It: Chapter Two (2019) poster

It: Chapter Two (2019)


USA. 2019.


Director – Andy Muschietti, Screenplay – Gary Dauberman, Based on the Novel It by Stephen King, Producers – Dan Lin, Roy Lee & Barbara Muschietti, Photography (3D) – Checco Varese, Music – Benjamin Wallfisch, Visual Effects Supervisor – Nicholas Brooks, Visual Effects – Atomic Arts, Cubica VFX, Lola Visual Effects, Make VFX, Method Studios (Supervisor – Josh Simmonds), Rodeofx & Soho VFX, Special Effects Supervisor – Warren Appleby, Makeup Effects – Alec Gillis & Tom Woodruff Jr., Production Design – Paul Denham Austerberry. Production Company – New Line Cinema/Double Dream/Vertigo Entertainment/Rideback.


James McAvoy (Bill Denbrough), Jessica Chastain (Beverly Marsh), Bill Hader (Richie Tozer), Jay Ryan (Ben Hanscom), James Ransone (Eddie Kasprak), Isaiah Mustafa (Mike Hanlon), Bill Skarsgård (Pennywise), Sophia Lillis (Young Beverly Marsh), Jeremy Ray Taylor (Young Ben Hanscom), Jaeden Martell (Young Bill Denbrough), Finn Wolfhard (Young Richie Tozier), Jake Dylan Grazer (Young Eddie Kasprak), Wyatt Oleef (Young Stanley Uris), Chosen Jacobs (Young Mike Hanlon), Andy Bean (Stanley Uris), Teach Grant (Henry Bowers), Stephen Bogaert (Alvin Marsh), Nicholas Hamilton (Young Henry Bowers), Javiet Botet (Hobo/The Witch), Stephen King (Shopkeeper), Jess Weixler (Audra Philips)


After 27 years, the group of friends who called themselves The Losers have left Derry – Bill Denbrough is a successful writer; Ben Hanscom is a successful architect; Richie Tozer a successful stand-up comic; Eddie Kasprak is married and runs a limousine service; Beverly Marsh is married to a controlling husband; and Stanley Uris a married accountant. They all now receive phonecalls from Mike Hanlon who still lives in Derry, informing them that Pennywise has returned and started to claim victims again. The group return to Derry, all except for Stanley who commits suicide rather than face his fears again. As they try to find a way to fight back against Pennywise, it starts to play games with their minds.

It (1986) is a Stephen King novel, his second longest, a Coming of Age horror story that takes place between two eras – a group of children who fight an evil beneath the town in the 1950s and their adult selves returned to face the menace in the present. The book had previously been adapted to the small screen as the tv mini-series It (1990), which is mostly remembered for Tim Curry’s memorable performance as Pennywise the clown. I regard it higher than most others seem do and find it superior to the film versions.

After several unsuccessful attempts to get the book off the ground, It finally arrived on the big screen with It (2017) from Argentinean director Andy Muschietti who had previously made Mama (2013). Warner Brothers were not confident the film would be a success and so only filmed the first half of the book, the parts featuring the kids (which were set in 1958 in the book – the era that Stephen King grew up – but were updated to 1988 in the film).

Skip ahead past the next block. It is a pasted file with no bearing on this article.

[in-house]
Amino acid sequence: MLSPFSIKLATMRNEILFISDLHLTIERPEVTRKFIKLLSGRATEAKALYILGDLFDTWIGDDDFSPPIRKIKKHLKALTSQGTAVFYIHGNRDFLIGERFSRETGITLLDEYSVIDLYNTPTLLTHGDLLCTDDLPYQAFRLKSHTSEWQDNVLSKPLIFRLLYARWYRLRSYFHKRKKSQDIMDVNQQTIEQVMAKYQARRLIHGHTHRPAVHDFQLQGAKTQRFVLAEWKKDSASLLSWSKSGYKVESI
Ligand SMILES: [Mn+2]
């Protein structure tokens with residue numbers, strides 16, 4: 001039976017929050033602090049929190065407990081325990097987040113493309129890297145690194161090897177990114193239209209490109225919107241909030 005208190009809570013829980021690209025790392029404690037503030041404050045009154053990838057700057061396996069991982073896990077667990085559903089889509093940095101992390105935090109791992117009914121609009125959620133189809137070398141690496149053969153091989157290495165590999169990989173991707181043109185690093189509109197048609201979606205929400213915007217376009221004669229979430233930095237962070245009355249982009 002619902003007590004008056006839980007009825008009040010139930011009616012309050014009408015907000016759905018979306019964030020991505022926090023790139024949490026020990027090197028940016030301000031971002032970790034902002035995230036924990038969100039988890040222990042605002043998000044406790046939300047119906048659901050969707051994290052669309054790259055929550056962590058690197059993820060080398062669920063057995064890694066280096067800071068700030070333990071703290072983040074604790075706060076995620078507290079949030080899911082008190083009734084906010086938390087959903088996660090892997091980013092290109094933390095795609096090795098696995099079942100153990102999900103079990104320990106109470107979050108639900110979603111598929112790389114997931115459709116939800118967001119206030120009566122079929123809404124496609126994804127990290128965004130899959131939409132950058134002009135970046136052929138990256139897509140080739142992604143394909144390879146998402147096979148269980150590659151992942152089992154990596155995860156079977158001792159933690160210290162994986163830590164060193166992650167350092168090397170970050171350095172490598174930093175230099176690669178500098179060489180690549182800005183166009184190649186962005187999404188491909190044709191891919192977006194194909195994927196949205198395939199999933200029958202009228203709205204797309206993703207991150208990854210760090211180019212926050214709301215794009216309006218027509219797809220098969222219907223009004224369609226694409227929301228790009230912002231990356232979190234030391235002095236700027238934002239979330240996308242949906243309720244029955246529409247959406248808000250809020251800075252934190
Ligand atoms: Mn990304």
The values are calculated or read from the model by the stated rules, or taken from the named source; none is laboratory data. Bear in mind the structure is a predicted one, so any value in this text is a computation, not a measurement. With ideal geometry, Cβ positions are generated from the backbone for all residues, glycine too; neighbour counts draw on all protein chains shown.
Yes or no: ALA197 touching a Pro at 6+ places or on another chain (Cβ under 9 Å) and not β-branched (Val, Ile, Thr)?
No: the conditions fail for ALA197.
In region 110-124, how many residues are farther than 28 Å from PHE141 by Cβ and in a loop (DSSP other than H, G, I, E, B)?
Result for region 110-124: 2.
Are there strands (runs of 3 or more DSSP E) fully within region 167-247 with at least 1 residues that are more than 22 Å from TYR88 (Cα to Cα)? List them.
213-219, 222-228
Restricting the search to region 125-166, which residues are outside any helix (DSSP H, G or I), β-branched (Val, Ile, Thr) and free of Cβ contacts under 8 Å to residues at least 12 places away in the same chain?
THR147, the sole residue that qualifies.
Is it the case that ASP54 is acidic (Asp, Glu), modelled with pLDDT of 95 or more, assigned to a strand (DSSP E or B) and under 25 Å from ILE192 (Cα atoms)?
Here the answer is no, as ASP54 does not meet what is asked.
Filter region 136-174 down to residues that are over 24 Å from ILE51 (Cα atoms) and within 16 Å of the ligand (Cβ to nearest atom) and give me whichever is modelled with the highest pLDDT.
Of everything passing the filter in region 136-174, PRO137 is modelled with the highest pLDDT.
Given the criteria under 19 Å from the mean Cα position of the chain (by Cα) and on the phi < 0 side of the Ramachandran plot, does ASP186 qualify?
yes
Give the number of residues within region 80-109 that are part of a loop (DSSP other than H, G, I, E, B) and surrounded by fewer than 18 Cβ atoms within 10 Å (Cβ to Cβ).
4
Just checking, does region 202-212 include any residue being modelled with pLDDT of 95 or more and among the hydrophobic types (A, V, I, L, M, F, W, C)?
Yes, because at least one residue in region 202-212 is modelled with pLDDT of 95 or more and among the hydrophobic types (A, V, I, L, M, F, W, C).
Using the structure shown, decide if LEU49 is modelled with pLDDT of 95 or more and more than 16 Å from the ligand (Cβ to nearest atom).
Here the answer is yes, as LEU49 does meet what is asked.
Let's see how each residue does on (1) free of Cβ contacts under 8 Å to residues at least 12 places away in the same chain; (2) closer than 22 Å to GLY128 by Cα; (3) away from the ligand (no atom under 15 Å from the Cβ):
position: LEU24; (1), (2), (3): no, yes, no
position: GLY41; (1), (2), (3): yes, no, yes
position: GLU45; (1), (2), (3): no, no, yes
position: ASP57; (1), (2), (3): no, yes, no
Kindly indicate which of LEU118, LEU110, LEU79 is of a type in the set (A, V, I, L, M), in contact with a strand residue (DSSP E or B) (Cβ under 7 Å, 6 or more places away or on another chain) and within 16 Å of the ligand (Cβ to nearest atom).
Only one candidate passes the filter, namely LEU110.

The film was a big hit and presaged a tsunami of new King adaptations around the 2017-9 period that included The Dark Tower (2017), 1922 (2017), Gerald’s Game (2017), In the Tall Grass (2019), Pet Sematary (2019) and Doctor Sleep (2019), and tv series such as The Mist (2017), Mr. Mercedes (2017-9), Castle Rock (2018– ) and Creepshow (2019- ). King also make one of his infrequent on-screen cameos here in an amusing part as an antique store proprietor who sells James McAvoy’s bicycle back to him at exaggerated rates.

The Losers as adults - (l to r) Richie Tozer (Bill Hader), Beverly Marsh (Jessica Chastain), Bill Denbrough (James McAvoy), Eddie Kasprak (James Ransone), Mike Hanlon (Isaiah Mustafa) and Ben Hanscom (Jay Ryan) in It: Chapter Two (2019)
The Losers as adults – (l to r) Richie Tozer (Bill Hader), Beverly Marsh (Jessica Chastain), Bill Denbrough (James McAvoy), Eddie Kasprak (James Ransone), Mike Hanlon (Isaiah Mustafa) and Ben Hanscom (Jay Ryan)

The film struggles a little in trying to be updated to the present-day – one of the most unbelievable parts is that Mike Hanlon has not seen the rest of The Losers for 27 years yet manages to call them up on their cellphones (which would surely mean he keeping a track of their current cell numbers since before the commercial advent of the cellphone). There’s the unnecessary need to have to rewrite Richie as a gay character and the insertion of a gay beating in the opening scene that segues into a Pennywise attack, which adds nothing.

I was disappointed with the first part of It. On the other hand, when it comes to the sequel, Andy Muschietti does fairly well with the build-up and reintroduction of the characters. It becomes a character-driven story, a familiar one that works as an ensemble piece. The adult cast tie in surprisingly well to their child selves. In particular, Bill Hader gets the edgy jocular motormouth personality of Richie down well.